The Chicago Community Trust’s LGBT Community Fund kicked off its first round of community grant making at a reception on October 1. The Fund—founded in 2010 through an operating grant from The Elizabeth Morse Charitable Trust and a special grant from The Chicago Community Trust—began a “deliberate, passionate effort to address the LGBT needs in our region, culminating here today,” in the words of Trust CEO and president Terry Mazany.
The LGBT Community Fund has its roots in the work of Prue Beidler, the former chair of the Trust’s executive committee. While serving on the Trust’s board, Beidler worked with Mazany and the Trust’s staff to establish and formalize policies that celebrate and encourage diversity.
The legacy of that work, Mazany says, has been “the strongest policy on diversity and inclusion that any philanthropic institution has.”
Despite Beidler’s early interest in cultivating a philanthropic connection between the Trust and the LGBT community, the Fund took several years and the investment of The Elizabeth Morse Charitable Trust to incubate. “In 2010 this showed up from completely off my radar when Terry called and asked me to speak at the kick-off,” she recalled.
Co-chairs Prue Beidler and Ryan VanMeter address the LGBT Community Fund’s grant recipients and supporters. Fourteen organizations received funding for projects serving the most underserved members of the LGBT community, including youth and seniors.
The October reception celebrated the first of three rounds of grant making planned over the next year. Fourteen grants, totaling $282,500, were distributed to organizations serving Chicago’s lesbian, gay, bisexual and trans community, with a special focus on projects that serve LGBT youth and seniors. The grant recipients provide services in fields ranging from healthcare, housing, legal services and job training to the performing arts and cultural archives.
Erik Glenn, executive director for Chicago Gay Black Men’s Caucus, echoed that mission in his closing speech when he described the impact of the funding. “It’s about about unlocking the potential that the Caucus has been waiting to unlock, and we’re not alone in that.” The Chicago Gay Black Men’s Caucus will use their grant for salary support and capacity building that strengthens the organization.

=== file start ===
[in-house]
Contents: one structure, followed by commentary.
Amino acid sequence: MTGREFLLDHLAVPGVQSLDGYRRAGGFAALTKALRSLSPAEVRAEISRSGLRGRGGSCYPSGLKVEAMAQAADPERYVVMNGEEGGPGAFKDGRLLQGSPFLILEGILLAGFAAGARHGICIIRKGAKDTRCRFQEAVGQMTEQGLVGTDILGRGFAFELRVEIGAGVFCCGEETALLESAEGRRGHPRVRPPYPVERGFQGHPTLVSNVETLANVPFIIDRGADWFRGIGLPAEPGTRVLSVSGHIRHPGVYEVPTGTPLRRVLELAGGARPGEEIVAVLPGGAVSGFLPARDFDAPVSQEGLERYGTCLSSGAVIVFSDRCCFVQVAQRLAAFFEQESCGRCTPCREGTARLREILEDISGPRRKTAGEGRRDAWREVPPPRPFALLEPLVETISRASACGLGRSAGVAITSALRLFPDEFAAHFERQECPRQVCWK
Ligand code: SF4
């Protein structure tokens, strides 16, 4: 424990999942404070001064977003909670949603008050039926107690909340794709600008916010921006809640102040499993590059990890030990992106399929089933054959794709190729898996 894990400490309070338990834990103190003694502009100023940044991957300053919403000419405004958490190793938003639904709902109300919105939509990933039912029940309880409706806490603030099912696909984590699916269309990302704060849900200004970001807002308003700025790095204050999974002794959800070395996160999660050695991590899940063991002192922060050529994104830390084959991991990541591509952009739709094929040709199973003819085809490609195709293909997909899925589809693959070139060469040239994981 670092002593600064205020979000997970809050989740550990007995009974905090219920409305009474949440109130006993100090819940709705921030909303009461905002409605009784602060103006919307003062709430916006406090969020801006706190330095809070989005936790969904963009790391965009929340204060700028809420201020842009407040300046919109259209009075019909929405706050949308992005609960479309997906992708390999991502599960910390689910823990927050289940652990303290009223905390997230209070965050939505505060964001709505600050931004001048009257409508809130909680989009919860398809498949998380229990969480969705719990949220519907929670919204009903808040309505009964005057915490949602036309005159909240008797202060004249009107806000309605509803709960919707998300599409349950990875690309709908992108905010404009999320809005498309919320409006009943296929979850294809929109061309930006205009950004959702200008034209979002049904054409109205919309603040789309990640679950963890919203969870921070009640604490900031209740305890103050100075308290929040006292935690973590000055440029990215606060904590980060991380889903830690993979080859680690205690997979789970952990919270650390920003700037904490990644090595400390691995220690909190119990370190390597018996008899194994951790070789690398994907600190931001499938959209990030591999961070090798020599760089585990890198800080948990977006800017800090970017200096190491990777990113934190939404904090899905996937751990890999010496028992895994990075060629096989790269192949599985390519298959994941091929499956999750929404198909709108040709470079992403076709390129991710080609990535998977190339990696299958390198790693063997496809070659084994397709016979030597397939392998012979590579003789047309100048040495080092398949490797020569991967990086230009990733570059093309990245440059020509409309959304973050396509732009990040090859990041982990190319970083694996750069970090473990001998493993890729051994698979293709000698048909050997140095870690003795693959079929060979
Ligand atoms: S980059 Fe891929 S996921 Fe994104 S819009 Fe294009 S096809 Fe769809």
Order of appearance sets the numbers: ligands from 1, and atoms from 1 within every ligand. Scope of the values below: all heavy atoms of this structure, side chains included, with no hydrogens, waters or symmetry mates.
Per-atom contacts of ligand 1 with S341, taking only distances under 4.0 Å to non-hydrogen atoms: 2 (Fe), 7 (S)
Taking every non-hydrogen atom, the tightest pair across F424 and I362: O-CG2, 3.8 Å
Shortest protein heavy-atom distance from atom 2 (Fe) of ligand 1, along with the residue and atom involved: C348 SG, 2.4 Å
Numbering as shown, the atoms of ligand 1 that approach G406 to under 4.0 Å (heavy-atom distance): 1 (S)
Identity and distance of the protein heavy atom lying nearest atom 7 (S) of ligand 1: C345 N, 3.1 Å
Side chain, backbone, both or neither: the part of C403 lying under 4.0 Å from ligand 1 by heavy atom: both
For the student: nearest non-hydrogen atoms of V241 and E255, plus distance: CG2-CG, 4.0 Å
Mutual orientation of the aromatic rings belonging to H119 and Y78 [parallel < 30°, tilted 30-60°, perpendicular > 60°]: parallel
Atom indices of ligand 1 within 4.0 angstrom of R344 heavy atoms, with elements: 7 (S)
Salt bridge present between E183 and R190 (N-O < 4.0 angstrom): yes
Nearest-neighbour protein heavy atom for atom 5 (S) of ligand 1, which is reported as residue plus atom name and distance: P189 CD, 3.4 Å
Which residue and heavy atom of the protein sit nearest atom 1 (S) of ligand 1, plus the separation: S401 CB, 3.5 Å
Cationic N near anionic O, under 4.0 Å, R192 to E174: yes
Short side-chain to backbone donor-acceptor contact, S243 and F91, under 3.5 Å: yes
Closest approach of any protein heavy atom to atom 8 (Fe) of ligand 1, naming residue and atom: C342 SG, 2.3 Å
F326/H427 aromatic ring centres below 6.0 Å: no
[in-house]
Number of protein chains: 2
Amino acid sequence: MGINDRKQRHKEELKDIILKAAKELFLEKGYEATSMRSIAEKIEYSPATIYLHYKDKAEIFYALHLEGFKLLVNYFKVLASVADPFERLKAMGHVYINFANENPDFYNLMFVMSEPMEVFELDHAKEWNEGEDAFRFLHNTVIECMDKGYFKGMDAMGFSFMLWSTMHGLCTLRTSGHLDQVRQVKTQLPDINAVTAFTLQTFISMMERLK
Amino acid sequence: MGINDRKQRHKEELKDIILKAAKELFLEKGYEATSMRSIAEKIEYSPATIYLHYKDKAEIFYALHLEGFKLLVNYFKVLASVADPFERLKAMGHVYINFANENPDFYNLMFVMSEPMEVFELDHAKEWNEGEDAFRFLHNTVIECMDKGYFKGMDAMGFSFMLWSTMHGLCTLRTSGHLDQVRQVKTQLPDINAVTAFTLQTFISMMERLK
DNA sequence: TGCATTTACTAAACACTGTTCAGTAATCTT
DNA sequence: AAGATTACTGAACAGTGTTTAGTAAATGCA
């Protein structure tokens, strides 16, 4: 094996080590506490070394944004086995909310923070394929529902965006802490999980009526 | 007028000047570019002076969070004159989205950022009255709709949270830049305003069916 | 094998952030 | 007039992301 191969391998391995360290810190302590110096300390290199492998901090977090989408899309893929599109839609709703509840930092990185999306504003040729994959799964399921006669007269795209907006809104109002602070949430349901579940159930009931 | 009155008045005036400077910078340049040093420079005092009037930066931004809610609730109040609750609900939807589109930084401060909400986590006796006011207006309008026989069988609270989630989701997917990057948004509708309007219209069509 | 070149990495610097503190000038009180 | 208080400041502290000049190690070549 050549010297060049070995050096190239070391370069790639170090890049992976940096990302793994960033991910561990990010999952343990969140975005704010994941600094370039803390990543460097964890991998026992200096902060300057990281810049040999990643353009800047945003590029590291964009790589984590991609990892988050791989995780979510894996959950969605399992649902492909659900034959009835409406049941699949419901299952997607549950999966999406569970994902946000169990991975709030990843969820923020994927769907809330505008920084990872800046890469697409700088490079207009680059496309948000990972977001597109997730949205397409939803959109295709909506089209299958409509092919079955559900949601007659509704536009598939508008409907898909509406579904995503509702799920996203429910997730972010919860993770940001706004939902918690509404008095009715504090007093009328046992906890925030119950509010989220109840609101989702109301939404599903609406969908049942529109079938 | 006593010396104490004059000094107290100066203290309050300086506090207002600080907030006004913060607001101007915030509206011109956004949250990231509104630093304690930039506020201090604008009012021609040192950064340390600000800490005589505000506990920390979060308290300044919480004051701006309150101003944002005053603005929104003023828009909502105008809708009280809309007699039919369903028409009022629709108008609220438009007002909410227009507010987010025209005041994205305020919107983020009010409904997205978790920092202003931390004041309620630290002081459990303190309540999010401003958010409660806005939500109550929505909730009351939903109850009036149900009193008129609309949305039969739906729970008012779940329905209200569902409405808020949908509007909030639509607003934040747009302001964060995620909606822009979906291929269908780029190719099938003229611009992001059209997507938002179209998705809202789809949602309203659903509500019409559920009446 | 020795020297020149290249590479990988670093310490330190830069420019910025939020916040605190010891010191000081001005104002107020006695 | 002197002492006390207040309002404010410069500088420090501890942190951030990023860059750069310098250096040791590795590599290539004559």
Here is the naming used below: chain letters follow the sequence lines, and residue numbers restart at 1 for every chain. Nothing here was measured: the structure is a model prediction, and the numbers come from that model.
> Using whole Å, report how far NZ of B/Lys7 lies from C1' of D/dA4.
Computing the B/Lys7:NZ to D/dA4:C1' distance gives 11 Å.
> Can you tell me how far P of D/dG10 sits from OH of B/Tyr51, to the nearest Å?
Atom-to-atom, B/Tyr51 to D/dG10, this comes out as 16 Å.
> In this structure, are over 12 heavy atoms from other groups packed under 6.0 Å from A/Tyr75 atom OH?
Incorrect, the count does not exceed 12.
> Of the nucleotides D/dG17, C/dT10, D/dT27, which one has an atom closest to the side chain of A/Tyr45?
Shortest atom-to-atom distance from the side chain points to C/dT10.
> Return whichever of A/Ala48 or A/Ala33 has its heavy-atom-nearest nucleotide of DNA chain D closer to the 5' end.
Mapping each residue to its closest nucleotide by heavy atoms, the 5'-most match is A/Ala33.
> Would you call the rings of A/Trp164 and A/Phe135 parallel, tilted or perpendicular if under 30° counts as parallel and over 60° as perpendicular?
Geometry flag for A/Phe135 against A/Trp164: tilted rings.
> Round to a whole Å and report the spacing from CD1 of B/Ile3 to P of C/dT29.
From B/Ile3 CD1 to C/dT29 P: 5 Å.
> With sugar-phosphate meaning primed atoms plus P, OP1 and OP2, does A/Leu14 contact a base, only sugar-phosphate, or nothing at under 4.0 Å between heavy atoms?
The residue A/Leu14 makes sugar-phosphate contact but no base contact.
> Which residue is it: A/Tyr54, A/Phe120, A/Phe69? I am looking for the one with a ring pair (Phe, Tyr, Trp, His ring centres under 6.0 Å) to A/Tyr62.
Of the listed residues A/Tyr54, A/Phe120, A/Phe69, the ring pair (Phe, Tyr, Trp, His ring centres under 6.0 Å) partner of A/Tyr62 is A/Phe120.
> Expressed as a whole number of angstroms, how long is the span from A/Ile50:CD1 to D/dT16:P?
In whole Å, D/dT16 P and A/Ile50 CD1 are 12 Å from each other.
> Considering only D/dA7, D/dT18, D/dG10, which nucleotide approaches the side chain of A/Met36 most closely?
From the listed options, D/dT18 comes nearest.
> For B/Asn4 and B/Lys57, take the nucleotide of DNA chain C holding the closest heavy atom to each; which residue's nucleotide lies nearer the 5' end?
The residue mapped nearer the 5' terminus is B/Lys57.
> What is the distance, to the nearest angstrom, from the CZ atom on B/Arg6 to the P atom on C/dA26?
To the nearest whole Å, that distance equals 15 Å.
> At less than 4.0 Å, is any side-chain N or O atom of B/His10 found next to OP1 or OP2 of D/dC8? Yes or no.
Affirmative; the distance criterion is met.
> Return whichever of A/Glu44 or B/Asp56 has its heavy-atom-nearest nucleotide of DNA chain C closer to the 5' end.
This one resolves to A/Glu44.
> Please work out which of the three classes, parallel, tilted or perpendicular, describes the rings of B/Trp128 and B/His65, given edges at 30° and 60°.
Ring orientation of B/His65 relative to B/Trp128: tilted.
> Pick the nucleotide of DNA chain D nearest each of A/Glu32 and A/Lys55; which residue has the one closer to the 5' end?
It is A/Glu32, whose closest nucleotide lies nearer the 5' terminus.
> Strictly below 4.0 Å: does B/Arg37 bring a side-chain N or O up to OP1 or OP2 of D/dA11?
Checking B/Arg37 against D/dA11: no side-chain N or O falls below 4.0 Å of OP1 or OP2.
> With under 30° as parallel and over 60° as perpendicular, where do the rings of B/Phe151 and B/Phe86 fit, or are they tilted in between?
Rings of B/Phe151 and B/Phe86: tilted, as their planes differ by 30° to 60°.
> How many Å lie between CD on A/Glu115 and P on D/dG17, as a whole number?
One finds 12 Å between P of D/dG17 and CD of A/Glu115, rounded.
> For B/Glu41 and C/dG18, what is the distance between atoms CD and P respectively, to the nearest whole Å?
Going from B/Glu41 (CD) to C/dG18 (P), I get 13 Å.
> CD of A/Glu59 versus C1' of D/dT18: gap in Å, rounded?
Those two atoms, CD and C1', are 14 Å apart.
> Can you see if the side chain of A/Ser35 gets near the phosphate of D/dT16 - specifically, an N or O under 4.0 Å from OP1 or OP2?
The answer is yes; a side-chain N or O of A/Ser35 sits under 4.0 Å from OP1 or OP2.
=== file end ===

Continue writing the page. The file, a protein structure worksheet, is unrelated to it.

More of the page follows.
Other grant recipients include:
- About Face Theatre, which offers youth outreach and education programs
- Adler University’s LGBTQ Mental Health and Inclusion Center, to maintain a database of LGBT-friendly health and social services and create an app for mobile use
- Affinity Community Services, to expand programming for LGBT seniors of color
- Ann and Robert H. Lurie Children’s Hospital of Chicago, to create a nurse-led STI clinic specifically for LGBT youth
- Association of Latinos/as Motivating Action (ALMA), which will train staff at four social service agencies on LGBTQ issues and on ways to make such clients feel welcome and safe, as well as providing training for parents of LGBT youth
- Broadway United Methodist Church, to support their Youth Lounge Program serving homeless LGBT youth and provide short courses in job skills
- Chicago Filmmakers, which will offer digital workshops for LGBTQ and gender non-conforming teens
- Leather Archives and Museum, Inc., helping them acquire, preserve, celebrate and exhibit stories from LGBT seniors of color in the leather community
- Project Fierce Chicago, to hire an executive director who will lead planning for a transitional housing program for LGBTQ youth
- RAD Remedy, mapping comprehensive and culturally-competent healthcare resources in the Chicago area for trans, gender non-conforming, intersex and queer communities
- Thousand Waves Martial Arts & Self-Defense Center, which will develop intensive training workshops in violence prevention and self-defense for LGBTQ youth experiencing homelessness
- Transformative Justice Project of Illinois, hiring their first staff member to provide legal services and advocacy efforts for criminalized trans and gender-nonconforming people
- Youth Empowerment Performance Project, extending programs for homeless LGBT youth who have already completed one year of work in the multi-arts ensemble to a second year
The diversity of recipients reflects the Fund’s “mission to promote collaborative efforts between LGBT and non-LGBT organizations,” said the Trust’s director of donor services Bob Eichinger.
James Alexander of the LGBT Community Fund steering committee presents a grant check to Erik Glenn of the Chicago Black Gay Men’s Caucus. The funding will support staff salaries and provide capacity building to strengthen and grow the organization.
“We meet so many people through the work that we do who really deserve for us to be as good as we can be, and to take the lessons we’ve learned and make good on them,” said Erik Glenn. “There really is the sense that we’re all in this together, and these grants enable us to take a step back and ask how we can do this better.”
In order to continue grant making, the Fund has engaged in a fundraising campaign led by its steering committee. At the reception, co-chair Ryan VanMeter announced that the Fund had surpassed its fundraising goal of $975,000 in September by over $3,000, qualifying for a challenge grant from the Morse Foundation for an additional $25,000.
This success means that more than $1 million will be added to the Fund’s endowment, providing support to help address the emerging needs of the region’s LGBT community for years to come.